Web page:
As I was listening to Jenny McCarthy last night on Larry King Live, I was struck by the huge communication gap between parents and physicians. I can't imagine how these two groups will ever learn how to communicate without an interpreter.
The panel included 3 physicians and Jenny McCarthy. It was a battle of sorts, between the professional, medi-lingo-savvy, detached physicians, and a passionate, angry parent of a child with autism, who believed her child was hurt by vaccines. In the end, neither party heard the other at all.
The problem is that both sides have almost totally different priorities. Both parents and physicians want the best for the children, but that's where the similarities end. Physicians want hard evidence, supported by a formal study before making a move. Physicians don't take the sequential anecdotal evidence that parents bring as significant evidence. Parents are motivated to protect their children from harm, and aren't willing to wait for the bureaucratic glacier to move while their children become statistics- this is where the problem lies.
So where is this glacier? It's the CDC. Some say the CDC is prioritizing protecting our children from acquiring infectious disease at the expense of causing autism in some individuals, some say the CDC is protecting the vaccine manufacturers from litigation and the resulting fallout for the drug companies, but the CDC says that it just doesn't think there's sufficient evidence to support that vaccines can cause autism. Until there's a different global viewpoint at the CDC, parents will have to continue to push for vaccine reform.
What do I think? I think that autism may very well show up in some individuals as a result of immunization injury. I don't think that happened to my son, as he was showing signs of autism very early on, before he had any vaccines. However, I think that it's entirely possible that vaccines could trigger autism in some individuals, especially with all the vaccines our children have to take early on. I'm not 100% positive, but it seems like the evidence is certainly pointing in that direction.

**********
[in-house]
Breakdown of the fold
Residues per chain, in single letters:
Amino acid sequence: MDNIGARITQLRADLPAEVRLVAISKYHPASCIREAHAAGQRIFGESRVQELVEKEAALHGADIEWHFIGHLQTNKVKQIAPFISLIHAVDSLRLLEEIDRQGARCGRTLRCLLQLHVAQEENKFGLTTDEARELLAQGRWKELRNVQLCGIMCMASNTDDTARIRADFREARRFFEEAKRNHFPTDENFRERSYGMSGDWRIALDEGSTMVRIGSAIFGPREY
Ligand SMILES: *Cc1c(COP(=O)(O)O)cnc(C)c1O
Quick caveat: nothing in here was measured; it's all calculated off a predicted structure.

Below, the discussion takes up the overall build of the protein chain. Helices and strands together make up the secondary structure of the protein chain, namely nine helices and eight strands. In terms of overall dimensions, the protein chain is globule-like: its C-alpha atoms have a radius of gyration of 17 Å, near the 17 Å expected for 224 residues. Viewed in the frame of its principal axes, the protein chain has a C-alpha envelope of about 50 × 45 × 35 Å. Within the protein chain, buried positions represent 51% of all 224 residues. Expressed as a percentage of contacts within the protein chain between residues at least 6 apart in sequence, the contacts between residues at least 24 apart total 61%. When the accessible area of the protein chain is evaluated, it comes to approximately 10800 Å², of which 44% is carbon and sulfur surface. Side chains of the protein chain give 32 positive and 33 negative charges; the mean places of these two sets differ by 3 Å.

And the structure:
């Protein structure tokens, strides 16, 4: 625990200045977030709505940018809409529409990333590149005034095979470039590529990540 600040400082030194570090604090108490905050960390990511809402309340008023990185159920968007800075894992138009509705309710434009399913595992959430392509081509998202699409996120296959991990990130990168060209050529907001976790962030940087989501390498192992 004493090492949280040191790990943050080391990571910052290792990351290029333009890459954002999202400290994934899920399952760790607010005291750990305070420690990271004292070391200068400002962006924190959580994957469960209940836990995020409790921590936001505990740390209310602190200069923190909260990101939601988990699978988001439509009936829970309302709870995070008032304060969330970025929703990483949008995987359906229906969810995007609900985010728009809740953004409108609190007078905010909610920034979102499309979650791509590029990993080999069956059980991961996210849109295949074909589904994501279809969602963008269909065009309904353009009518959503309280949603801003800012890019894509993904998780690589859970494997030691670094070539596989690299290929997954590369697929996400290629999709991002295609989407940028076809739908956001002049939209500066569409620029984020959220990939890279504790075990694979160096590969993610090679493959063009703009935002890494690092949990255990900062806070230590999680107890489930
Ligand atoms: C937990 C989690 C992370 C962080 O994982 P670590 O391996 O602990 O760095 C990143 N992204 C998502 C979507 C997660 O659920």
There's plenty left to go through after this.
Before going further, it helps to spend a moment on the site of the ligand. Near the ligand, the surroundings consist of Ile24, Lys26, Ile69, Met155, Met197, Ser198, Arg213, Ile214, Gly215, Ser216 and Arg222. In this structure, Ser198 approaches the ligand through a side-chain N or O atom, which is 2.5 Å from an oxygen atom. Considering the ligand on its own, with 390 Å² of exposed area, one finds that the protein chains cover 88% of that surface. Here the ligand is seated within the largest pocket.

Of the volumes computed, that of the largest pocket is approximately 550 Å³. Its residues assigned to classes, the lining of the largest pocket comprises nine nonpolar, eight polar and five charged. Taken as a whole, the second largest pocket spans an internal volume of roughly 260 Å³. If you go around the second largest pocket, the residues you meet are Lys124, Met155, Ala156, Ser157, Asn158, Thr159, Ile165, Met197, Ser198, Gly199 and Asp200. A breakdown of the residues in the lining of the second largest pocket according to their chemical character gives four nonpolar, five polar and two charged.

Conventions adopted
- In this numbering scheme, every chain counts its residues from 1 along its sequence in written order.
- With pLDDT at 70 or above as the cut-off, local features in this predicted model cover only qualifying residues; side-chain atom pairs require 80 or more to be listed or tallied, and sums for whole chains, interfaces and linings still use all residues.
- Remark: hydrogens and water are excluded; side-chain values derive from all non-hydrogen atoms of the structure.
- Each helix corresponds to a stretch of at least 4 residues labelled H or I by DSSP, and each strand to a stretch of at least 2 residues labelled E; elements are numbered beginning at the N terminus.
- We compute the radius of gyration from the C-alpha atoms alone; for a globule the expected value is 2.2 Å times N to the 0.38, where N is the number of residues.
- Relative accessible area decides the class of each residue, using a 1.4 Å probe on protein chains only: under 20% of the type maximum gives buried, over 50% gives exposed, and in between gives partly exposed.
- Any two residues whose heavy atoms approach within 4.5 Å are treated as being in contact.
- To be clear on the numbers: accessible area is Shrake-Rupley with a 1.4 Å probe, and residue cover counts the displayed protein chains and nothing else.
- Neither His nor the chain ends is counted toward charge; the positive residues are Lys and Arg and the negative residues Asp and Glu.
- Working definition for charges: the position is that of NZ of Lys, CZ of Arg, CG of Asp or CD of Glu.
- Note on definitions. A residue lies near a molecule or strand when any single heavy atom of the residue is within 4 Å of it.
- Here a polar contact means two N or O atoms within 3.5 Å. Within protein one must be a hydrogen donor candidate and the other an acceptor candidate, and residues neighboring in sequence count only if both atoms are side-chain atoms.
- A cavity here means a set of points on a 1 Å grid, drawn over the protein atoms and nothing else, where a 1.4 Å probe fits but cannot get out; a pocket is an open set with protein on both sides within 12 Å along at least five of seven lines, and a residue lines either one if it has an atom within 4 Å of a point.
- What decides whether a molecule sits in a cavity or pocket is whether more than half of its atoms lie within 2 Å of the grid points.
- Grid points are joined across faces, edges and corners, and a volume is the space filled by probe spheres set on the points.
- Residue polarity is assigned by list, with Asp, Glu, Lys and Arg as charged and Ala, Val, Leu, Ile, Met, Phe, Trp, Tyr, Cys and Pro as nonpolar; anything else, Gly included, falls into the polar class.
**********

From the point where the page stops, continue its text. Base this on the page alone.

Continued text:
The vast majority of children who are vaccinated don't become autistic, which is the main reason why the CDC states that vaccines don't cause autism. But there's one theory out there that could burst that belief bubble… The theory that there may be a genetic predisposition in some individuals to develop autism, much like the genetic disposition to develop cancer. And it goes like this…
We all know people who have smoked like crazy, lived to 100, and haven't developed cancer. Yet others get cancer at 30, smoking or not. With cancer, we all know that it's a question of genetic disposition. For instance, if you possess a genetic predisposition for cancer (like a lot of people), you can set it off really easily by smoking. If you don't have that particular predisposition, you can smoke like a chimney all your life, and you probably won't get cancer. Likewise, if you have a genetic predisposition for autism, you may set it off with a vaccine, and if you don't have that disposition, you probably won't.
Is this theory correct? I don't know, and even all the people who've convinced themselves that it's true (like Jenny McCarthy) still don't unequivocally know either. But it sounds quite feasible to me, and I think that in time we'll all find out- sad but true, that vaccines can indeed, cause autism in some people.- Sandra Sinclair